Any examples of diagnoses, therapies or rehabilitation procedures based on patients writing code?

For various neurological or psychiatric conditions, treatments and rehabilitation procedures have been developed that try to stimulate affected functionalities, e.g. music therapy or chess play for dementia.

I am wondering whether there are any such examples where active coding by the patients is used as a diagnostic, therapeutic or rehabilitation measure.

This question is not about patients who have written software that was then used in their diagnostics, therapy or rehabilitation (I know that this happens too). Instead, it is about the act of coding as a measure to help reveal or treat or otherwise improve a patient’s condition.

Any examples of diagnoses, therapies or rehabilitation procedures based on patients writing code?

For various neurological or psychiatric conditions, treatments and rehabilitation procedures have been developed that try to stimulate affected functionalities, e.g. music therapy or chess play for dementia.

I am wondering whether there are any such examples where active coding by the patients is used as a diagnostic, therapeutic or rehabilitation measure.

This question is not about patients who have written software that was then used in their diagnostics, therapy or rehabilitation (I know that this happens too). Instead, it is about the act of coding as a measure to help reveal or treat or otherwise improve a patient’s condition.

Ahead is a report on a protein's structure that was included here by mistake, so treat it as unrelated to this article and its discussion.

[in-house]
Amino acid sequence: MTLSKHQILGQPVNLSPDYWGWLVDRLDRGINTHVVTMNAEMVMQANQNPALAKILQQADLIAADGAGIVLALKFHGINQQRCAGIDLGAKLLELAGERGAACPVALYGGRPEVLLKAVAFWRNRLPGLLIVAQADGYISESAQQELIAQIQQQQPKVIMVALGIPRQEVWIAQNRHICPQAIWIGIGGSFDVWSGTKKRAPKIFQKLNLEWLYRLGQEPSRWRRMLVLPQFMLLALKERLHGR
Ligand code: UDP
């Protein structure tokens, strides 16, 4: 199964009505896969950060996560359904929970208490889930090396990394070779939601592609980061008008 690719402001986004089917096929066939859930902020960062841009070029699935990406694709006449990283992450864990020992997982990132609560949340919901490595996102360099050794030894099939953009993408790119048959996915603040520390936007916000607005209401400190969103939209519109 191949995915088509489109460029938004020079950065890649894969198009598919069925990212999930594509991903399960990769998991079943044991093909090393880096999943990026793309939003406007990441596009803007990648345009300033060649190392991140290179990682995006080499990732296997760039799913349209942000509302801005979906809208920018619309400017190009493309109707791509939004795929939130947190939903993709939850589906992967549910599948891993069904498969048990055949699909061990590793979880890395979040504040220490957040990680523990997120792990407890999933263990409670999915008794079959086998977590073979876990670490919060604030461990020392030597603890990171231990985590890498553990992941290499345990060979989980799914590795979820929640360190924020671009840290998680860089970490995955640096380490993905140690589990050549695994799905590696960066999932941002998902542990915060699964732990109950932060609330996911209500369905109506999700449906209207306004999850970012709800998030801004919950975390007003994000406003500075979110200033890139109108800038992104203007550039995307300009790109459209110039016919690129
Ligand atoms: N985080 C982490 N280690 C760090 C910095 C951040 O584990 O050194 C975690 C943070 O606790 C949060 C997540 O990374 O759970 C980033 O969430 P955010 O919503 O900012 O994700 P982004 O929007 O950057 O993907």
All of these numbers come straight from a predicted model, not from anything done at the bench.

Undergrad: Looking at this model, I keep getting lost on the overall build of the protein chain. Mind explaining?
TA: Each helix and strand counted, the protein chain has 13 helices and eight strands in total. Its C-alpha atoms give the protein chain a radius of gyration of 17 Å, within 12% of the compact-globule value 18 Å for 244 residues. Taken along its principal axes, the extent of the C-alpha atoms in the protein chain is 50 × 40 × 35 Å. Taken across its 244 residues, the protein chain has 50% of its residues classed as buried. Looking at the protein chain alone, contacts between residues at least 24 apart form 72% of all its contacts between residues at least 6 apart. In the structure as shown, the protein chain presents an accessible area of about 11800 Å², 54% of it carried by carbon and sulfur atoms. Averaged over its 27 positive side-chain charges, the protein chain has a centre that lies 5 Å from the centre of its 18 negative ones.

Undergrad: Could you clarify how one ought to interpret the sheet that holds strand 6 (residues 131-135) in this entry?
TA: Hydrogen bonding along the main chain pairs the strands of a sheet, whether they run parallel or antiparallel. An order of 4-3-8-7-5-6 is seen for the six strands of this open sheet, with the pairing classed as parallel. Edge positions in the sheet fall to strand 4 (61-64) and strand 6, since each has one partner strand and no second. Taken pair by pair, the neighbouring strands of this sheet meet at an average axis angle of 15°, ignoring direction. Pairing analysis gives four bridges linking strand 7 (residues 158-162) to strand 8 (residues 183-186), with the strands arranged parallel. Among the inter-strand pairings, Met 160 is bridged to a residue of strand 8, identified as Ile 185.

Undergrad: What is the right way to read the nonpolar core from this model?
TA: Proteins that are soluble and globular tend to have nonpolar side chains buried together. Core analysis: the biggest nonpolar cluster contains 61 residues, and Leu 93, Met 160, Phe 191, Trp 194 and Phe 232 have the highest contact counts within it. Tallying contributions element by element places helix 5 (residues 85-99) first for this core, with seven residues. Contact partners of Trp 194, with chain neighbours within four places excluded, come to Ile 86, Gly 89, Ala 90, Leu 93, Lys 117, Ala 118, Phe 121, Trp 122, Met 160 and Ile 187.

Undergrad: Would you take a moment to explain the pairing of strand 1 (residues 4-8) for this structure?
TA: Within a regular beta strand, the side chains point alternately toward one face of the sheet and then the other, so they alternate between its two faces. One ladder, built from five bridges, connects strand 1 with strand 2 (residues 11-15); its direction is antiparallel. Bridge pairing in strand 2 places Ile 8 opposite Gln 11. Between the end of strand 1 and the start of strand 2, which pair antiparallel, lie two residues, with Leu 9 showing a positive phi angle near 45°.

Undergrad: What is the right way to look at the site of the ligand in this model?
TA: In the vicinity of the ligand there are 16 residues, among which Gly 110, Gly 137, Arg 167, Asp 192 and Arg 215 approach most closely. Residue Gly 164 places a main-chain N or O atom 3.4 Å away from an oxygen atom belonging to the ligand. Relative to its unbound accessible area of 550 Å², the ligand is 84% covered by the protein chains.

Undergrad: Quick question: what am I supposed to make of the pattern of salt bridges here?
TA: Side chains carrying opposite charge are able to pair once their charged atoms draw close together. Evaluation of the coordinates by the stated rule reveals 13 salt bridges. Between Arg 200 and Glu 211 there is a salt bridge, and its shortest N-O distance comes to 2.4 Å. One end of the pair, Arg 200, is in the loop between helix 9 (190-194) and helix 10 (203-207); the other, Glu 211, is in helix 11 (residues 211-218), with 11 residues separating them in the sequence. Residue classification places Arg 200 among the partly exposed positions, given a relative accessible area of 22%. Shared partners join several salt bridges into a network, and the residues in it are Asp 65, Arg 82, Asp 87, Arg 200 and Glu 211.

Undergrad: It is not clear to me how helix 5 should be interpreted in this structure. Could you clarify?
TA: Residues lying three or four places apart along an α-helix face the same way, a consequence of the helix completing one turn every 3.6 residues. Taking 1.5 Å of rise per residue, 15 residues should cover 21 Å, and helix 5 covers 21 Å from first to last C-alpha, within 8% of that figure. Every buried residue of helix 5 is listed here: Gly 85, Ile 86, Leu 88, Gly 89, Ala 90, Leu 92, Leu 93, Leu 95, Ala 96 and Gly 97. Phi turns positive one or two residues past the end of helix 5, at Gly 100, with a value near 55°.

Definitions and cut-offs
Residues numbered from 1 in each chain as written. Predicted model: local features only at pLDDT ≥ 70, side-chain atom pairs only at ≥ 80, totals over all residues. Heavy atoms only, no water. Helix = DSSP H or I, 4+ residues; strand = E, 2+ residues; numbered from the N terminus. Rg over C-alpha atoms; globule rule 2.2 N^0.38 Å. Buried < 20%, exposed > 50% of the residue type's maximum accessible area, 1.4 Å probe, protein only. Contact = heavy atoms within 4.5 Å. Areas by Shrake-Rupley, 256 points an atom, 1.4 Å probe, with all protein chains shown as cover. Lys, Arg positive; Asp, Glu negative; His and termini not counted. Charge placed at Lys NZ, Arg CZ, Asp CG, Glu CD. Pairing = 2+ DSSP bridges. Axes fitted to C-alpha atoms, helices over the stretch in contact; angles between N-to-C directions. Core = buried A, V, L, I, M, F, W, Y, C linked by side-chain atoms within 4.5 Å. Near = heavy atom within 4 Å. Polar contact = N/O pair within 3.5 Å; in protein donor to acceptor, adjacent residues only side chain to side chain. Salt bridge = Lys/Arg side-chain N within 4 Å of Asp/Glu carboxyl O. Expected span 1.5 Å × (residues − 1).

Do higher levels of medical intervention lead to better outcomes for patients?

There is a lot of variation in levels of medical treatment and spend across the USA. That variation has been studied by, for example, The Dartmouth Atlas Project. They conclude that more isn’t better:

In regions where there are relatively fewer medical resources, patients get less care; however, there is no evidence that these patients are worse off than their counterparts in high-resourced, high-spending regions. Patients do not experience improved survival or better quality of life if they live in regions with more care. In fact, the care they receive appears to be worse.

Is is true that more medical interventions and higher spend don’t improve the outcomes for patients?

Do higher levels of medical intervention lead to better outcomes for patients?

There is a lot of variation in levels of medical treatment and spend across the USA. That variation has been studied by, for example, The Dartmouth Atlas Project. They conclude that more isn’t better:

In regions where there are relatively fewer medical resources, patients get less care; however, there is no evidence that these patients are worse off than their counterparts in high-resourced, high-spending regions. Patients do not experience improved survival or better quality of life if they live in regions with more care. In fact, the care they receive appears to be worse.

Is is true that more medical interventions and higher spend don’t improve the outcomes for patients?